Currants - Ribes spp.

Ethnobotanical Uses


Wax Current - Ribes cereum

(USDA Forest Service)

Golden Current - Ribes aureum


"Berries and young leaves are edible. Berries can be eaten raw or cooked.

Recipe 1: Hearty Wild Currant Pancakes

Place your favorite organic multigrain pancake mix in a bowl. (The type that only needs water is best if you are out camping.) Add a pinch of fresh-ground nutmeg and 1/8 teaspoon fresh-ground cinnamon. Add water as directed. Stir gently.

Heat skillet to medium-high. Add generous amounts of butter, coconut oil, or bacon grease and heat. Spoon pancake batter onto skillet, and immediately add 1 teaspoon currants to each pancake. Flip when air bubbles begin to pop. Serve with real maple syrup or unbleached fair trade sugar.

Variation: Add chopped almonds and flax seeds.

Recipe 2: Lemon Pudding with Fresh Wild Currants

Begin to heat water in double boiler. Also heat 2 cups of water in a separate pot to a boil. While water is heating, sift together 3 tablespoons cornstarch, 1 tablespoon flour, 1 3/4 cups granulated sugar. Whisk in the 2 cups boiling water until mixture becomes smooth. When water in bottom level of double boiler is simmering, add the flour-water mixture to the top dry pot; cook for 5 minutes, stirring occasionally.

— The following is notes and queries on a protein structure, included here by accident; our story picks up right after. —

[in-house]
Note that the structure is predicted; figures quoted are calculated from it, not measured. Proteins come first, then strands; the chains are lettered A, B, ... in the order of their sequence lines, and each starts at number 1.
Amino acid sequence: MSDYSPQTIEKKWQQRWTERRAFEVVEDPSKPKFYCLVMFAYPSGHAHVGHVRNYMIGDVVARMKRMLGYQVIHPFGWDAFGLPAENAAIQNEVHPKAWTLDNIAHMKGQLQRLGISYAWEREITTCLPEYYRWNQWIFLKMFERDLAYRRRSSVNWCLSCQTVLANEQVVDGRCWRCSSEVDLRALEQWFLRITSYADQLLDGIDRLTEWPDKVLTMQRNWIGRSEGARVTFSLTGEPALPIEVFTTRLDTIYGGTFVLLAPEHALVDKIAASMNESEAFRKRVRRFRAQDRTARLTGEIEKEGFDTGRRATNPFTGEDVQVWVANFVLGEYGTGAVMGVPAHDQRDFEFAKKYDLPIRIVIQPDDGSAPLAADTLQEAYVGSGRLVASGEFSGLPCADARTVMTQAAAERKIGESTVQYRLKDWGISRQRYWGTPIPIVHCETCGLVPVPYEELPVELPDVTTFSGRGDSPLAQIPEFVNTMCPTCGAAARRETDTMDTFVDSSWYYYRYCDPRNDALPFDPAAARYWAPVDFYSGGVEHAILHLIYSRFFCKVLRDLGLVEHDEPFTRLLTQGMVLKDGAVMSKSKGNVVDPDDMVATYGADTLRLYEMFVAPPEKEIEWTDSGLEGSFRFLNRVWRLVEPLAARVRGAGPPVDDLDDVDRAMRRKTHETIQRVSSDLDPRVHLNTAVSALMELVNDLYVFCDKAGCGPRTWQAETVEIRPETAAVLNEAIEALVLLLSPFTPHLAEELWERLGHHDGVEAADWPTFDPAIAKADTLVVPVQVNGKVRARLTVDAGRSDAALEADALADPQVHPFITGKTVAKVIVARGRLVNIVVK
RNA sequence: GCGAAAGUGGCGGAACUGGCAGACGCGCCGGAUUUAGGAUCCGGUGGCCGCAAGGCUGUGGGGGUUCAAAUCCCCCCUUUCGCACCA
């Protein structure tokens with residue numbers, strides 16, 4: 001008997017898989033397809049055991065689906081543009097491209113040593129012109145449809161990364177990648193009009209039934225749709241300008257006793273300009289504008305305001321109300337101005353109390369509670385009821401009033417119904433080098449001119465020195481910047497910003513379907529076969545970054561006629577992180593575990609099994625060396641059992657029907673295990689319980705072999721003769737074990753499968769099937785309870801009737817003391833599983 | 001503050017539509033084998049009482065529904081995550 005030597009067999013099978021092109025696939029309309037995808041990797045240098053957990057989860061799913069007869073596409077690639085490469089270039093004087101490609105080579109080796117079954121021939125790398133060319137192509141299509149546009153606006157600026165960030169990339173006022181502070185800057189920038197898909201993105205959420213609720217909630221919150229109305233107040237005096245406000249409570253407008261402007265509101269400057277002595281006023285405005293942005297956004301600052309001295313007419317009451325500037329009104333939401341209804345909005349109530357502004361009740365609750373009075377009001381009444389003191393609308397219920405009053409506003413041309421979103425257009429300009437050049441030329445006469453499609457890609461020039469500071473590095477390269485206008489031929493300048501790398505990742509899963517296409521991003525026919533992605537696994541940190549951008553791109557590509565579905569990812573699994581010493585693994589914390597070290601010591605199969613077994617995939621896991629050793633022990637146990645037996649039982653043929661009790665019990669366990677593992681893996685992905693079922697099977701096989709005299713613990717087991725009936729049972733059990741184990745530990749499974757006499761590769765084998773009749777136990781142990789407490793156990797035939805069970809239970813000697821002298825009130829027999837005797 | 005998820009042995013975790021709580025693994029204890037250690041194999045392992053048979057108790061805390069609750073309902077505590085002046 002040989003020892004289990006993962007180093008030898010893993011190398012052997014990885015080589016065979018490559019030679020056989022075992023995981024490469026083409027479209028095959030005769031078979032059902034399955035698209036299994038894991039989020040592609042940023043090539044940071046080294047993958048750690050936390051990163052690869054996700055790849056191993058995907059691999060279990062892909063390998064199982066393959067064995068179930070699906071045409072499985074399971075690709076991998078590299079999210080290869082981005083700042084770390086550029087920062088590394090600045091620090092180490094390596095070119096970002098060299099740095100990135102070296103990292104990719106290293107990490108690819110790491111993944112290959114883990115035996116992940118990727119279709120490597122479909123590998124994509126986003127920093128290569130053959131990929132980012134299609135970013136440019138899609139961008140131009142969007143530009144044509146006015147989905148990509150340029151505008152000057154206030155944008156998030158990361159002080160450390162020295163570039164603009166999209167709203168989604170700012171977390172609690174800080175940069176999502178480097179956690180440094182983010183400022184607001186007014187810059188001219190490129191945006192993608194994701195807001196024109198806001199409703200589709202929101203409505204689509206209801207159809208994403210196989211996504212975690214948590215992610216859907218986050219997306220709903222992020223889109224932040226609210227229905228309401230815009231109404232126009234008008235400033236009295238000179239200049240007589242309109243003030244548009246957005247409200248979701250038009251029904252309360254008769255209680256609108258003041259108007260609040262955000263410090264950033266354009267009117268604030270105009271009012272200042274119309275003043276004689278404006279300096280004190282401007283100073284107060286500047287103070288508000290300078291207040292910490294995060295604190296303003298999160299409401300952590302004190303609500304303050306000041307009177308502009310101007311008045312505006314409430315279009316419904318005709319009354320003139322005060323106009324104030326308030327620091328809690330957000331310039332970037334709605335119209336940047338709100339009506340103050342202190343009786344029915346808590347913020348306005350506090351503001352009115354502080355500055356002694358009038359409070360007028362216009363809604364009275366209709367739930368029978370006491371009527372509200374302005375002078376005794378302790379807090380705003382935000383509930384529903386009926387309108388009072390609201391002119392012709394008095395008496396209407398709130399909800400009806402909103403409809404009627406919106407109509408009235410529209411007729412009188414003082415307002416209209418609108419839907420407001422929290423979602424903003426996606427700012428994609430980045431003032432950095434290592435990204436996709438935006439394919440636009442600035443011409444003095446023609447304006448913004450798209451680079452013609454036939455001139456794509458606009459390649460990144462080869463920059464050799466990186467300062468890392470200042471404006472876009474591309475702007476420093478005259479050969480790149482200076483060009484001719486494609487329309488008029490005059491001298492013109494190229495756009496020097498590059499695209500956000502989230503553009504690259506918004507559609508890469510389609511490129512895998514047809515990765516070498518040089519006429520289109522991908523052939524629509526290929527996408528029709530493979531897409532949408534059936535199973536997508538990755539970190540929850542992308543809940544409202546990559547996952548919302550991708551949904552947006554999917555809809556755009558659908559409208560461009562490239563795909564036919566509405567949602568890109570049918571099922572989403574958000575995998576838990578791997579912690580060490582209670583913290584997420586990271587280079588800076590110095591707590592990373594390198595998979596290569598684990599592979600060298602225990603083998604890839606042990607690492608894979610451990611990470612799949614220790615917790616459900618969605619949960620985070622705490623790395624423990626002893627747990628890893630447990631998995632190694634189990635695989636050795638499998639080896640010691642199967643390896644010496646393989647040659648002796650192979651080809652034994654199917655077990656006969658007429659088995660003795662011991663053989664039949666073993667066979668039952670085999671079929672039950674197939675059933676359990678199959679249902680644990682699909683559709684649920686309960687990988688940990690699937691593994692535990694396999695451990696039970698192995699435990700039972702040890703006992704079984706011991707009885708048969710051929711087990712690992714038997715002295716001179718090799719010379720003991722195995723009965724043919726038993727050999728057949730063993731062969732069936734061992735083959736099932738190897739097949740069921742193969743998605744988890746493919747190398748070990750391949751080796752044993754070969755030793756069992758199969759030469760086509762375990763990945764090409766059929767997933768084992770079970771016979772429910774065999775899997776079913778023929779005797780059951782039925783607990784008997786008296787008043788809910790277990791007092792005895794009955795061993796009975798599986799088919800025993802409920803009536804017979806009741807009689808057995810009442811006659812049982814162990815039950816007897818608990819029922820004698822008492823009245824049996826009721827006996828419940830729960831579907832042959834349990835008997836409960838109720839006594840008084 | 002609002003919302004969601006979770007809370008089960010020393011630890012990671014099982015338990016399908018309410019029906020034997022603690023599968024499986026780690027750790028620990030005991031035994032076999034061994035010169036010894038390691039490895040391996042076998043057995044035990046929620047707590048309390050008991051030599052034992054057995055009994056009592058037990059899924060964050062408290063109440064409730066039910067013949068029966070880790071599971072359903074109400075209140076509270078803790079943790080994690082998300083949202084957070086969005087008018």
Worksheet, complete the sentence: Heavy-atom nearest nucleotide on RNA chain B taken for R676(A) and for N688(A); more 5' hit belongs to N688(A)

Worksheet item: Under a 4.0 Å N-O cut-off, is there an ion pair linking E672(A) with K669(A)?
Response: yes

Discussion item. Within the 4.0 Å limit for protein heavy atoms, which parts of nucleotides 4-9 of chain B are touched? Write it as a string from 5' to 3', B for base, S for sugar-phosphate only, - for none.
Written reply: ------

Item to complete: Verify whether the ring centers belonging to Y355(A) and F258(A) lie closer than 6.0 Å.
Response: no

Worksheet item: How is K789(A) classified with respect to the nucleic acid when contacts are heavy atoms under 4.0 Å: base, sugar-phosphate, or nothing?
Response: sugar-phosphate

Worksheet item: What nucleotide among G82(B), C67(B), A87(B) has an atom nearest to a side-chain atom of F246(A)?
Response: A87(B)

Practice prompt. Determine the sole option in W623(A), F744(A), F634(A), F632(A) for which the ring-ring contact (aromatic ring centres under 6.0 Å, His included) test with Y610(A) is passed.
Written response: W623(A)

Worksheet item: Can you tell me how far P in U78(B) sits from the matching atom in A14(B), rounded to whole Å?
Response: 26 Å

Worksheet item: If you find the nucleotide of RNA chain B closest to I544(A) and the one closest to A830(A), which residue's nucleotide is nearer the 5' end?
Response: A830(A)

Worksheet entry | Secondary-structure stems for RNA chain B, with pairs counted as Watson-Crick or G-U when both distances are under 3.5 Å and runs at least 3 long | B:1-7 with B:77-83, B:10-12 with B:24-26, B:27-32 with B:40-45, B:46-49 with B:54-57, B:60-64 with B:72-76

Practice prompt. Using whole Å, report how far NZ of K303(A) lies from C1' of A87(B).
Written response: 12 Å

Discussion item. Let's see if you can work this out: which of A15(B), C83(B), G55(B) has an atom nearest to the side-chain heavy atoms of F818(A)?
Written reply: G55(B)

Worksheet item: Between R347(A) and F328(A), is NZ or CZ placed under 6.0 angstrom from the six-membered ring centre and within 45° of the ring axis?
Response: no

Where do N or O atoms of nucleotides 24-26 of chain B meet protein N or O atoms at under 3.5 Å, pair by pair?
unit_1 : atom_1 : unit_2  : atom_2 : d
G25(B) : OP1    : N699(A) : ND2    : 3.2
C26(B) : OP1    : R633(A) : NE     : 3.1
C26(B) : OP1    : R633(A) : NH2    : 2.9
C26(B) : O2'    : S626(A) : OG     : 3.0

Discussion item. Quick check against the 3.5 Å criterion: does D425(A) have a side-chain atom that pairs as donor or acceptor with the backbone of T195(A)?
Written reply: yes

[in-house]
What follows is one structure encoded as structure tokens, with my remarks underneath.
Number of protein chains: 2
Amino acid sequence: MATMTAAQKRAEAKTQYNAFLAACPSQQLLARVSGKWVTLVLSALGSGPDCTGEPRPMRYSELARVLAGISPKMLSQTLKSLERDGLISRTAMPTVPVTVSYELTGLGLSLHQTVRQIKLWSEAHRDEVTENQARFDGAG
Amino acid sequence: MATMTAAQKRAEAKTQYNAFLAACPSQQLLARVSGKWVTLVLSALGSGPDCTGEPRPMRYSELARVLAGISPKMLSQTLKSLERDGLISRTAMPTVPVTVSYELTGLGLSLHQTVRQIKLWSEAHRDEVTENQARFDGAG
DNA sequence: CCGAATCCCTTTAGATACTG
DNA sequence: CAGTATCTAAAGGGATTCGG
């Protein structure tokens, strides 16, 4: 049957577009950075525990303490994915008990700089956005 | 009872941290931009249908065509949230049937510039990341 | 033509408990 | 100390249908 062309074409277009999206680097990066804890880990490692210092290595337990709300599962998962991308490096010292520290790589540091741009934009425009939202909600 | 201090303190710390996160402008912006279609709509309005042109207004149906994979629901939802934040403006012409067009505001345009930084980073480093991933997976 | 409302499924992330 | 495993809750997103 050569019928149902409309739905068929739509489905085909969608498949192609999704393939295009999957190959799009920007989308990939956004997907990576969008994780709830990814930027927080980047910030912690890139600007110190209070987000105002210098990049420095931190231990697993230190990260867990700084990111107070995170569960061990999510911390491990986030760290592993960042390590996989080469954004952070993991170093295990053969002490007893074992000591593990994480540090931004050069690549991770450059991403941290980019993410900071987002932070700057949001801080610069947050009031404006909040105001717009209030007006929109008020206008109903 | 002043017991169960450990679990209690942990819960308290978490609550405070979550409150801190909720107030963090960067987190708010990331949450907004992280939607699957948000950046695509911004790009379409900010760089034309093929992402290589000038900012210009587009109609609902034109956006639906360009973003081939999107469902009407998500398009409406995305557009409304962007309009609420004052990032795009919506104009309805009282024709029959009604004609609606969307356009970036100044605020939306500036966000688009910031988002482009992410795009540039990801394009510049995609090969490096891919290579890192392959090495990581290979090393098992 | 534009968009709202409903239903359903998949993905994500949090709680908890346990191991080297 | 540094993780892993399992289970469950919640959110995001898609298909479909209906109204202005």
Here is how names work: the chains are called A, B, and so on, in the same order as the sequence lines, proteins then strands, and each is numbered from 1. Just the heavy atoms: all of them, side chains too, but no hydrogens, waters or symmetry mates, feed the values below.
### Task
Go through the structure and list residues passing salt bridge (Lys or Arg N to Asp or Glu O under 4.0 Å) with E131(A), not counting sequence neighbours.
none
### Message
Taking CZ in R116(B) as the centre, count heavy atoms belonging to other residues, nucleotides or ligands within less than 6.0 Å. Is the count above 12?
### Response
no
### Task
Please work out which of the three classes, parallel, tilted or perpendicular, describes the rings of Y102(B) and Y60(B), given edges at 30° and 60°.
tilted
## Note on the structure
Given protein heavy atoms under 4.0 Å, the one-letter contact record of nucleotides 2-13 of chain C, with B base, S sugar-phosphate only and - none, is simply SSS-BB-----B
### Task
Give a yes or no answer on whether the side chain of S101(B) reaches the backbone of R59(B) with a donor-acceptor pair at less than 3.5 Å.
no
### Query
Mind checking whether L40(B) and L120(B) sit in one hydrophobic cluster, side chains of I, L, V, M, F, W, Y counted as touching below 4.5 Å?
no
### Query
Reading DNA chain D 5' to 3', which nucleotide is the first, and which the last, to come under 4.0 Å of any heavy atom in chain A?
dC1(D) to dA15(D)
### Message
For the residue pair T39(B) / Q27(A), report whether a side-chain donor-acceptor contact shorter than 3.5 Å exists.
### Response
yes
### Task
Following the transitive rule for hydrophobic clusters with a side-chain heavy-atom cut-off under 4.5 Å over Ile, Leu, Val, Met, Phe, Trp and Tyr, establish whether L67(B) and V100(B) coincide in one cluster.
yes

In a separate bowl beat 4 egg yolks. Stir several tablespoons of the hot mixture into the beaten egg yolks (to temper), then slowly add the beaten egg yolks to the hot mixture; continue simmering in the double boiler. Stir in grated rind of 2 lemons, 1 tablespoon butter, 1/4 teaspoon salt, and 1/4 cup lemon juice. Stirring constantly, cook until the mixture becomes smooth and thick.

Spoon into bowls, and top with fresh currants. Serve at any temperature.

Variation: Add a dollop of meringue or whipped cream."(Morgan 201)

"Alone, or mixed with other fruit jams, pies, fruit salad, pancakes, fruit leather, ash cakes, syrup, crepes, or with just cream and sugar. Can be dehydrated." (Seebeck 107)

"The fresh flowers are good in wildflower salads, fruit salads, as a garnish, or cooked. The fruits of (red currants) don't taste like other currants, but work well in pies, pastries, puddings, and jams (alone or mixed with other fruits. May be dehydrated." (Seebeck 73)


"Hopi Gastrointestinal Aid Used for stomach pains. Okanagan-Coville Eye Medicine Infusion of inner bark used to wash sore eyes. Shoshoni Emetic Fruit used as an emetic. Thompson Antidiarrheal Berries eaten for diarrhea." (Moerman 476)

Other Uses:

"Along with sumac, mountain-mahogany, and oak, the stout branches from currant bushes were one of the favored hardwoods for manufacturing both bows and arrows." (Dunmire and Tierney 133)

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